The wines of medieval and renaissance-era Europe tended to be almost universally red and almost always, still.  The in-bottle refermentation that gives “sparkling” wine its ‘fizz’ was a problem.  Fermentable sugars were frequently left over when weather began to cool in the fall, particularly with the white grape varietals. Refermentation would set in with the warm spring weather, converting bottles into literal time bombs. Caps would pop off and wine would spoil. Sometimes the whole batch would explode, one pressurized bottle going off in sympathetic detonation with the other.

best-medieval-wine-650x351

Pierre Perignon entered the Benedictine Order at the age of 19, doing his novitiate at the abbey of Saint-Vannes near Verdun and transferring to the abbey of Hautvillers in 1668.

On August 4, 1693, the date traditionally ascribed to Brother (Dom) Pérignon’s invention of Champagne, the monk is supposed to have said “Come quickly, I am drinking the stars!”.

hautvillers-vineyardsThe story is almost certainly a myth, a later embellishment to the story.  During his 47 year career, Pérignon went to considerable lengths to eliminate bubbles from his wine.  Dom Pérignon never succeed in that goal, yet he did make bubbly wine a whole lot better, using corks for the first time to prevent the escape of carbon dioxide, and perfecting a ‘gentle’ pressing technique which left out the murkiness of the skins.

It is almost certainly Dom Pérignon who perfected the double fermentation process. He was an early advocate of natural farming methods we would call “organic”, today.  Pérignon insisted on “blind” tasting, not wanting to know what vineyard a grape came from prior to selection, and strictly avoiding the addition of foreign substances, insisting that all blending take place at the grape stage.

Dom PerignonPérignon didn’t like white grapes because of their tendency to enter refermentation. He preferred the Pinot Noir, and would aggressively prune the plants so that vines grew no higher than three feet and produced a smaller crop. The harvest was always in the cool, damp early morning hours, and Pérignon took every precaution to avoid bruising or breaking his grapes. Over-ripe and overly large fruit was always thrown out. Pérignon never permitted grapes to be trodden upon, always preferring the use of multiple presses.

In 1891, the Madrid Agreement established among the European powers, that only sparkling wines from a certain region in northeast France may be labeled “Champagne”.  The principle was re-asserted in the Treaty of Versailles ending WW1, providing protections for a French wine industry which had, ironically, been saved and literally rebuilt from the ground up by grafting “inferior” American root stock onto French vines.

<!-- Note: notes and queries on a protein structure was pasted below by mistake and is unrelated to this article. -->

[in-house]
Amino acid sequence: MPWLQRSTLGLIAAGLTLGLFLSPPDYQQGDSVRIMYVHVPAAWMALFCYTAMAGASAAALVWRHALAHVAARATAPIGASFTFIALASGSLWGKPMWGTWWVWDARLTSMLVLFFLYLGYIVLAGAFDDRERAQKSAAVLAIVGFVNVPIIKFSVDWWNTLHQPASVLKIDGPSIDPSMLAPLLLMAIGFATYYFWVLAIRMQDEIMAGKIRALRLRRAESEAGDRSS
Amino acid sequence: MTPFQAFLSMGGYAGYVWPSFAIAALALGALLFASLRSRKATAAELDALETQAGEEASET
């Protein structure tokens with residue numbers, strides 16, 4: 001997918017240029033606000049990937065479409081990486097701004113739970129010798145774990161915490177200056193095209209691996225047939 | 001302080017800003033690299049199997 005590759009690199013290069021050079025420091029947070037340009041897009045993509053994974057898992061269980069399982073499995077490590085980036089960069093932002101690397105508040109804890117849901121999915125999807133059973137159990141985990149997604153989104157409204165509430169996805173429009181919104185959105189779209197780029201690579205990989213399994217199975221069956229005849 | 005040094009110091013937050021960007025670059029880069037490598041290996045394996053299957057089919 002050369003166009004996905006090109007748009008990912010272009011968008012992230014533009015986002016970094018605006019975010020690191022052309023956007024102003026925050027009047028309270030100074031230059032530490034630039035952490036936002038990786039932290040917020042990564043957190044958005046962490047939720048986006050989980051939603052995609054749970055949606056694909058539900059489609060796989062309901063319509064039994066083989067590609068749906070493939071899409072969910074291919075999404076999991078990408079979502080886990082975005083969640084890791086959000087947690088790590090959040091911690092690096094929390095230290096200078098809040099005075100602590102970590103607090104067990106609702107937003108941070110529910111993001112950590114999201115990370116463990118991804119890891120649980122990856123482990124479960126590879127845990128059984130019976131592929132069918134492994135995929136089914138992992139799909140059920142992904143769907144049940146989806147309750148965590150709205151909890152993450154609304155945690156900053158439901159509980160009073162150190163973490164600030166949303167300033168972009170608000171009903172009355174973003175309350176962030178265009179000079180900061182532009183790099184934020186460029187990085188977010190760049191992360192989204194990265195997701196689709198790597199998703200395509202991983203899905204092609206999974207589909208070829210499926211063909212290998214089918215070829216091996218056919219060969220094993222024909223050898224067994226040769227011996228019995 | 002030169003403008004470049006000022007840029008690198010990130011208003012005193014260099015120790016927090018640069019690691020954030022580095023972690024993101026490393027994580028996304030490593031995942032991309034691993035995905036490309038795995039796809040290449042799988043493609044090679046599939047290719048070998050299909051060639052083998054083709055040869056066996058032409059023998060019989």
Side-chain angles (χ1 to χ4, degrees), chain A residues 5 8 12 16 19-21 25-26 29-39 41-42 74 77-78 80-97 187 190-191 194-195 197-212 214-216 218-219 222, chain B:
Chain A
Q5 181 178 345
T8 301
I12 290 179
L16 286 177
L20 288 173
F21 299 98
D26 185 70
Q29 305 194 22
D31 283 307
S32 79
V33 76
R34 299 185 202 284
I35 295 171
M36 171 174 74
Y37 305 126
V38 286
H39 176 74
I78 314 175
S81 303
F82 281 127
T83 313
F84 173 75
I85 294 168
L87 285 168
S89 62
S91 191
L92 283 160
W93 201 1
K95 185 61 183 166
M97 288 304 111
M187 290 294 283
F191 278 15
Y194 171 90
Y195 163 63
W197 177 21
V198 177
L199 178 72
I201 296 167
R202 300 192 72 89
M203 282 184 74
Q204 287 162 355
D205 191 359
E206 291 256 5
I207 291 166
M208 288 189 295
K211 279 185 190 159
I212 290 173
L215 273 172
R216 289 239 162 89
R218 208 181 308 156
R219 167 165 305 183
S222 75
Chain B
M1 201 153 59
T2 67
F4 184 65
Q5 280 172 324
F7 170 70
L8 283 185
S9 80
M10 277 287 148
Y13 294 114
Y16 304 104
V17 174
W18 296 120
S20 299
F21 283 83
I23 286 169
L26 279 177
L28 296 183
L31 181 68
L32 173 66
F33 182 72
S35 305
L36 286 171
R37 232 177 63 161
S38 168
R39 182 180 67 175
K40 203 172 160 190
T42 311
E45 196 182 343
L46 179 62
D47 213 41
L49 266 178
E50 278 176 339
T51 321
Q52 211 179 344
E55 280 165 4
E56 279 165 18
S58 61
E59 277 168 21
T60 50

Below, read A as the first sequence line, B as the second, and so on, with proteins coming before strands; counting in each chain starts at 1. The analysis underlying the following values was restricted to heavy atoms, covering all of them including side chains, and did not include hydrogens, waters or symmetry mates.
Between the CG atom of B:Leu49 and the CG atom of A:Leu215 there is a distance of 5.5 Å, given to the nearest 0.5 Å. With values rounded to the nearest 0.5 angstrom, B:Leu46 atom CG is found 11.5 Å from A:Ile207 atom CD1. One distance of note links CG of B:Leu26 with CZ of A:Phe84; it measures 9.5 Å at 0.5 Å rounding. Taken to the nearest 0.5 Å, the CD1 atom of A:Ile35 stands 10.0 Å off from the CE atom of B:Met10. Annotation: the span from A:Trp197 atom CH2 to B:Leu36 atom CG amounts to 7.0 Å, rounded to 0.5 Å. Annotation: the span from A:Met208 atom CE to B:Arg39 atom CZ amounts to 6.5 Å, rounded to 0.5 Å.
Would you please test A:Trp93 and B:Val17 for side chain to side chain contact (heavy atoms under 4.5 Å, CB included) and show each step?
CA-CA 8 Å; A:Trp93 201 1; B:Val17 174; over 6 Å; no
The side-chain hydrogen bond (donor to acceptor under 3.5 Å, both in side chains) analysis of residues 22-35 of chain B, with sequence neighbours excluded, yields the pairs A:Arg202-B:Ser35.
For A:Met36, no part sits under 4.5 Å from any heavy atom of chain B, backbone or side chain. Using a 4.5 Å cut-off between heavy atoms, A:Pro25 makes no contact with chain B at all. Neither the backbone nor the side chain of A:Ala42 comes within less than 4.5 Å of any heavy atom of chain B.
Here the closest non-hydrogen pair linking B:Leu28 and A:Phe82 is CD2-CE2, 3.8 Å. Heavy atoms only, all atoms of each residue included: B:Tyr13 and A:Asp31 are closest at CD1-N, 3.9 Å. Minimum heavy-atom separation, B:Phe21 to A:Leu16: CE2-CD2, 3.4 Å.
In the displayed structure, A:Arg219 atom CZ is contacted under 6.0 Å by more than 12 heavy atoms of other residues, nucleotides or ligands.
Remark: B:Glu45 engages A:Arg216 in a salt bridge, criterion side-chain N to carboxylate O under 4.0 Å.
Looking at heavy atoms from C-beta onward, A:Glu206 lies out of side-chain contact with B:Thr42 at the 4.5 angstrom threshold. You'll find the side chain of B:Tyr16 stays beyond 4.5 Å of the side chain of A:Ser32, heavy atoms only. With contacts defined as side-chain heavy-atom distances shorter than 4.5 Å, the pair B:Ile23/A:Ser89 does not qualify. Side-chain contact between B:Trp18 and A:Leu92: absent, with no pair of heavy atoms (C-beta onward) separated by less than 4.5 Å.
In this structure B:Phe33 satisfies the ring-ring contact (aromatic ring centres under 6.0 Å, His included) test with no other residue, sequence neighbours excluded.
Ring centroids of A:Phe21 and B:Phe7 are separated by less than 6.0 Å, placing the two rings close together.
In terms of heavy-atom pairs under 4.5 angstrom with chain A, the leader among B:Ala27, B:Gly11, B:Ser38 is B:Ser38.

But that must remain a story for another day.

800px-Phylloxera_cartoon
1890 cartoon from Punch depicting the Phylloxera aphid, which all but obliterated the French wine industry.

That American companies like Korbel, Cook’s and others may continue to call their bubbly wines Champagne is due to the United States’ Senate never having ratified the treaty formally ending WW1, back in 1920.  The United States entered the Madrid system in 2003, but the Champagne name dispute, remains unsettled.

california-champagne-header

Benjamin Franklin, born nine years before brother Pérignon’s death in 1715, is supposed to have said “Beer is proof that God loves us and wants us to be happy.” That’s close, but the quote seems to come from a letter to André Morellet dated 1779, in which the Founding Father wrote  “Behold the rain which descends from heaven upon our vineyards; there it enters the roots of the vines, to be changed into wine; a constant proof that God loves us, and loves to see us happy“.

Either way, I enthusiastically approve Mr. Franklin’s message.  Cheers.

If you enjoyed this “Today in History”, please feel free to re-blog, “like” & share on social media, so that others may find and enjoy it as well. Please click the “follow” button on the right, to receive email updates on new articles.  Thank you for your interest, in the history we all share.

July 31, 1917  Did we really send men to fight in That?

Following the battle of Passchendaele, staff officer Sir Launcelot Kiggell is said to have broken down in tears.  “Good God”, he said, “Did we really send men to fight in That”?! 

The “War to end all Wars” exploded across the European continent in the summer of 1914, devolving into the stalemate of trench warfare, by October.

The ‘Great War’ became Total War, the following year.  1915 saw the first use of asphyxiating gas, first at Bolimow in Poland, and later (and more famously) near the Belgian village of Ypres.  Ottoman deportation of its Armenian minority led to the systematic extermination of an ethnic minority, resulting in the death of ¾ of an estimated 2 million Armenians living in the Empire at that time, and coining the term ‘genocide‘.

Battle-of-Passchendaele
Battle of Passchendaele